• NACS released the 11th Annual NACS Retail Fuels Report explaining how the market works, who owns and operates convenience stores and what contributes to the retail price of gasoline. In addition, we released the NACS Consumer Fuels Report (see "What Fuels Consumer Behavior?" in the March NACS Magazine), a survey that details how sensitive consumers are to retail fuel prices, who they blame for high prices, their opinions about fuel retailers and about convenience stores. This report was distributed to more than 200 reporters who tackle fuels issues in various media outlets.
  • Leveraging the Retail Fuels Report and Consumer Fuels Report, NACS delivered presentations about the retail fuels market to the Conference of Western Attorneys General, the National Association of Attorneys General, the National Conference of State Legislators, staff working in the House of Representatives, staff working in the Senate and motor fuels reporters.
  • NACS also proactively communicated the truth about the retail fuels market to the general media, conducting more than 150 interviews with news outlets throughout the nation, including numerous on air interviews on radio stations and television programs.
  • When congressional interest in fuel prices began to peak, NACS worked to ensure that Congress understood what was happening at retail, delivering testimony to the House Energy and Commerce Subcommittee on Energy and the Environment during a hearing on gas prices.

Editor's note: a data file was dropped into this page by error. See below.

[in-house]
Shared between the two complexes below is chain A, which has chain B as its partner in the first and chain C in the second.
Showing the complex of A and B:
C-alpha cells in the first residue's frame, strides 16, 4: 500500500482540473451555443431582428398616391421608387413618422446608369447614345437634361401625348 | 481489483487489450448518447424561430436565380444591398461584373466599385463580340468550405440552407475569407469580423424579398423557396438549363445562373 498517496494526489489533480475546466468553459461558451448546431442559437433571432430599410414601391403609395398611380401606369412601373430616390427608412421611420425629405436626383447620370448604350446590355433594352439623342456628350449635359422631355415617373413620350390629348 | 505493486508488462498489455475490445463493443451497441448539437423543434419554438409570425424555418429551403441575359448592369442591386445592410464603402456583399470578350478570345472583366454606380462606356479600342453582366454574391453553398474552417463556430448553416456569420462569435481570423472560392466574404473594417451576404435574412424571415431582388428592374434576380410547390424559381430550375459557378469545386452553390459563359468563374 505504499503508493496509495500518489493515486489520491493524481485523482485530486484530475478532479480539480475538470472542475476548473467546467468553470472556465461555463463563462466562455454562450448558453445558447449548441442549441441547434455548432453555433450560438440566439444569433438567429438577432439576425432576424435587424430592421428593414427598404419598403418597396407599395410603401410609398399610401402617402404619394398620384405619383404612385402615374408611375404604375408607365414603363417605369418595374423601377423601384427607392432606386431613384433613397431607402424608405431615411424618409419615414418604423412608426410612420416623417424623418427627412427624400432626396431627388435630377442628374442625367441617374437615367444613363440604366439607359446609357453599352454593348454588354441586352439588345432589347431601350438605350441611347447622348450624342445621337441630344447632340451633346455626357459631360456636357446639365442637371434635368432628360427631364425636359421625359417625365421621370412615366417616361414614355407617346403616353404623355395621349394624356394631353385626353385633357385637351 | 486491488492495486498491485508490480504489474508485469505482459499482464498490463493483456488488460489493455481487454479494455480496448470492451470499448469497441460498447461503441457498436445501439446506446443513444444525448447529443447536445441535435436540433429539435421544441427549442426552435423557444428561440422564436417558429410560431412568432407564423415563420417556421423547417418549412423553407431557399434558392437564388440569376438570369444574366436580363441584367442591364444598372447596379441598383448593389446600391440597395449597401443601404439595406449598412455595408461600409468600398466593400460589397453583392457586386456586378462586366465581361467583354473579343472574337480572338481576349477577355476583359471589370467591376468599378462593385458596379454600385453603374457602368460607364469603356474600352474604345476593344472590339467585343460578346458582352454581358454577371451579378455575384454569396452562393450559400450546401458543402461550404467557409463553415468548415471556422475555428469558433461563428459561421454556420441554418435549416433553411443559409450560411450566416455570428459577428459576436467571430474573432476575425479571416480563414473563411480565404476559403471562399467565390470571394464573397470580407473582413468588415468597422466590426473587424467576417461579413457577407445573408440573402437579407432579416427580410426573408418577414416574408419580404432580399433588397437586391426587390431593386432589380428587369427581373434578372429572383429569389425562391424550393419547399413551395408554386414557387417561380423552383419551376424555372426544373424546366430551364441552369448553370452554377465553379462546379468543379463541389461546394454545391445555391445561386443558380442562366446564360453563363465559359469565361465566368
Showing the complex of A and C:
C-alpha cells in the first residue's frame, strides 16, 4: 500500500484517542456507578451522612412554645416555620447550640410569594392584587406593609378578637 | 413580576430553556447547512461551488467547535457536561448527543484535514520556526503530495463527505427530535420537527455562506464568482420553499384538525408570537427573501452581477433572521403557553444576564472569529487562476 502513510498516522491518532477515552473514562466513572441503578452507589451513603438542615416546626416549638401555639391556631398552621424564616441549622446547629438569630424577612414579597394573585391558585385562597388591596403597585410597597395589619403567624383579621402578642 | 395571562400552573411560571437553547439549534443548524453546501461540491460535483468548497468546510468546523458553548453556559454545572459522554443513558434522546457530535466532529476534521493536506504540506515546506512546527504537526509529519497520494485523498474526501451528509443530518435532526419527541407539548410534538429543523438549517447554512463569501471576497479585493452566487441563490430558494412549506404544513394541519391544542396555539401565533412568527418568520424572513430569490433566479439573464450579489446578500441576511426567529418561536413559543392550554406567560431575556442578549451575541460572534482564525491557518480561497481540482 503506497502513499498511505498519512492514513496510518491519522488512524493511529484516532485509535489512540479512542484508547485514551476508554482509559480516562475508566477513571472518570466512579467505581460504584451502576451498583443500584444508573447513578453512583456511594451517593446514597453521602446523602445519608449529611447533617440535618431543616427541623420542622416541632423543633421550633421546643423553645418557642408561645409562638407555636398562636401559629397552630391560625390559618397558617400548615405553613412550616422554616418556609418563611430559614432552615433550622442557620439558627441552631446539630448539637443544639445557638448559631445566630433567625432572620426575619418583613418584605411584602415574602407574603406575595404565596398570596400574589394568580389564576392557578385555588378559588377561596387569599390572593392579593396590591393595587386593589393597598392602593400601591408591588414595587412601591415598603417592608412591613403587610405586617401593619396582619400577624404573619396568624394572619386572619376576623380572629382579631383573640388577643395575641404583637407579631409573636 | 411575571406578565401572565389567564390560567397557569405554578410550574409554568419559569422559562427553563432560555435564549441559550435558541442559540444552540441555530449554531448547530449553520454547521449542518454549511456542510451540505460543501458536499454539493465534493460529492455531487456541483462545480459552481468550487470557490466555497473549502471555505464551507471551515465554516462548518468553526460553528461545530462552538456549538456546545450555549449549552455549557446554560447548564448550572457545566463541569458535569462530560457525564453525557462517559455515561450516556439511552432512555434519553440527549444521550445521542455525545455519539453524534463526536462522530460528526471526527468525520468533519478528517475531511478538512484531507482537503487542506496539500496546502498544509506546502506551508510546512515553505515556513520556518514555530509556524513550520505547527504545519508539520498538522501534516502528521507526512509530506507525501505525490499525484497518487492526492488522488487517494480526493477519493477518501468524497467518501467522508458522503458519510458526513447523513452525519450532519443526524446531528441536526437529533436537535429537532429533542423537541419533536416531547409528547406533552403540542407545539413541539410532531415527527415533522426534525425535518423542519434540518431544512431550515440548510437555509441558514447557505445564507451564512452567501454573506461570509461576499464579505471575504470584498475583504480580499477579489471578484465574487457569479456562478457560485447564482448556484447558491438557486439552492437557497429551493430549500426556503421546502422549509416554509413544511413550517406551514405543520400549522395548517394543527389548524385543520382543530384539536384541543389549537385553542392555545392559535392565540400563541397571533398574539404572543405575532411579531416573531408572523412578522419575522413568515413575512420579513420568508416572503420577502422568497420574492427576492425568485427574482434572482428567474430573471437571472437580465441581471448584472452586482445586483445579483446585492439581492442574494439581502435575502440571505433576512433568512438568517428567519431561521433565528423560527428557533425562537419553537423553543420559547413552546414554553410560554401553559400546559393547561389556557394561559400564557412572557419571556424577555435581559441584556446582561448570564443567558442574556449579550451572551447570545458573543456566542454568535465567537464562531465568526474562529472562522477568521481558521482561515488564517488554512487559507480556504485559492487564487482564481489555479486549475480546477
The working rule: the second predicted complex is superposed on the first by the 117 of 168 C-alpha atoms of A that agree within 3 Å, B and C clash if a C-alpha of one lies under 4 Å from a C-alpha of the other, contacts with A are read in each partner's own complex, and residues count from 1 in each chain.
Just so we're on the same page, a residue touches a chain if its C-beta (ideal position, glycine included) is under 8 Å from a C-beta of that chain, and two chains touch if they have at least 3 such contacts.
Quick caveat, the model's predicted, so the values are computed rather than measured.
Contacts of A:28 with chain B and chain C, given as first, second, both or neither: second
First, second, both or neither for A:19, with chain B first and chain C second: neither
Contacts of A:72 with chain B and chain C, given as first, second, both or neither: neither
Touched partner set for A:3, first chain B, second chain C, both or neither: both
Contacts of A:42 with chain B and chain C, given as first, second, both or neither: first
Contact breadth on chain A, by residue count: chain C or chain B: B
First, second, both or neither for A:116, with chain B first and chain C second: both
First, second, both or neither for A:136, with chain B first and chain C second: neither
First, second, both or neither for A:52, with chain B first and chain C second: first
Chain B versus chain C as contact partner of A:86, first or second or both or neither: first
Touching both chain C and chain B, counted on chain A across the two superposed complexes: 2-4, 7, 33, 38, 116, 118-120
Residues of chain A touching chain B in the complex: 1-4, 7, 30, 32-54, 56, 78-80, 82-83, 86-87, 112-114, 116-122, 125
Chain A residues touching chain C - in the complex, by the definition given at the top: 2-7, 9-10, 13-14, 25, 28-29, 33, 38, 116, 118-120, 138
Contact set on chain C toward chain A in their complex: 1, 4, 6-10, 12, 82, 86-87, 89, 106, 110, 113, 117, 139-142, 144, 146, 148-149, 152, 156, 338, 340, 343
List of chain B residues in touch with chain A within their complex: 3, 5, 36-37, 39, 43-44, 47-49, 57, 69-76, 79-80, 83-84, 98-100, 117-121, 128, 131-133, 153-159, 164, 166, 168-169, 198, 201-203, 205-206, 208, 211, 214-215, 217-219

• NACS coordinated a diverse coalition in support of legislation in both the U.S. House and Senate (H.R. 4345 and S. 2264, respectively) that would remove some of the legal impediments and unnecessary costs associated with bringing new fuels to market. On April 19, NACS testified before the U.S. House Energy and Commerce Subcommittee on Environment and the Economy in support of the legislation.
  • NACS published a report in April, "The Future of Fuels: An Analysis of Future Energy Trends and Potential Retail Market Opportunities," that raises the level of discussion concerning the future of fuels. This report so far has been delivered to nearly 250 congressional offices with a call on Congress to conduct a comprehensive review of regulations affecting the fuels and vehicles industries to identify areas of conflict and to begin the process of developing a long-term national fuels policy.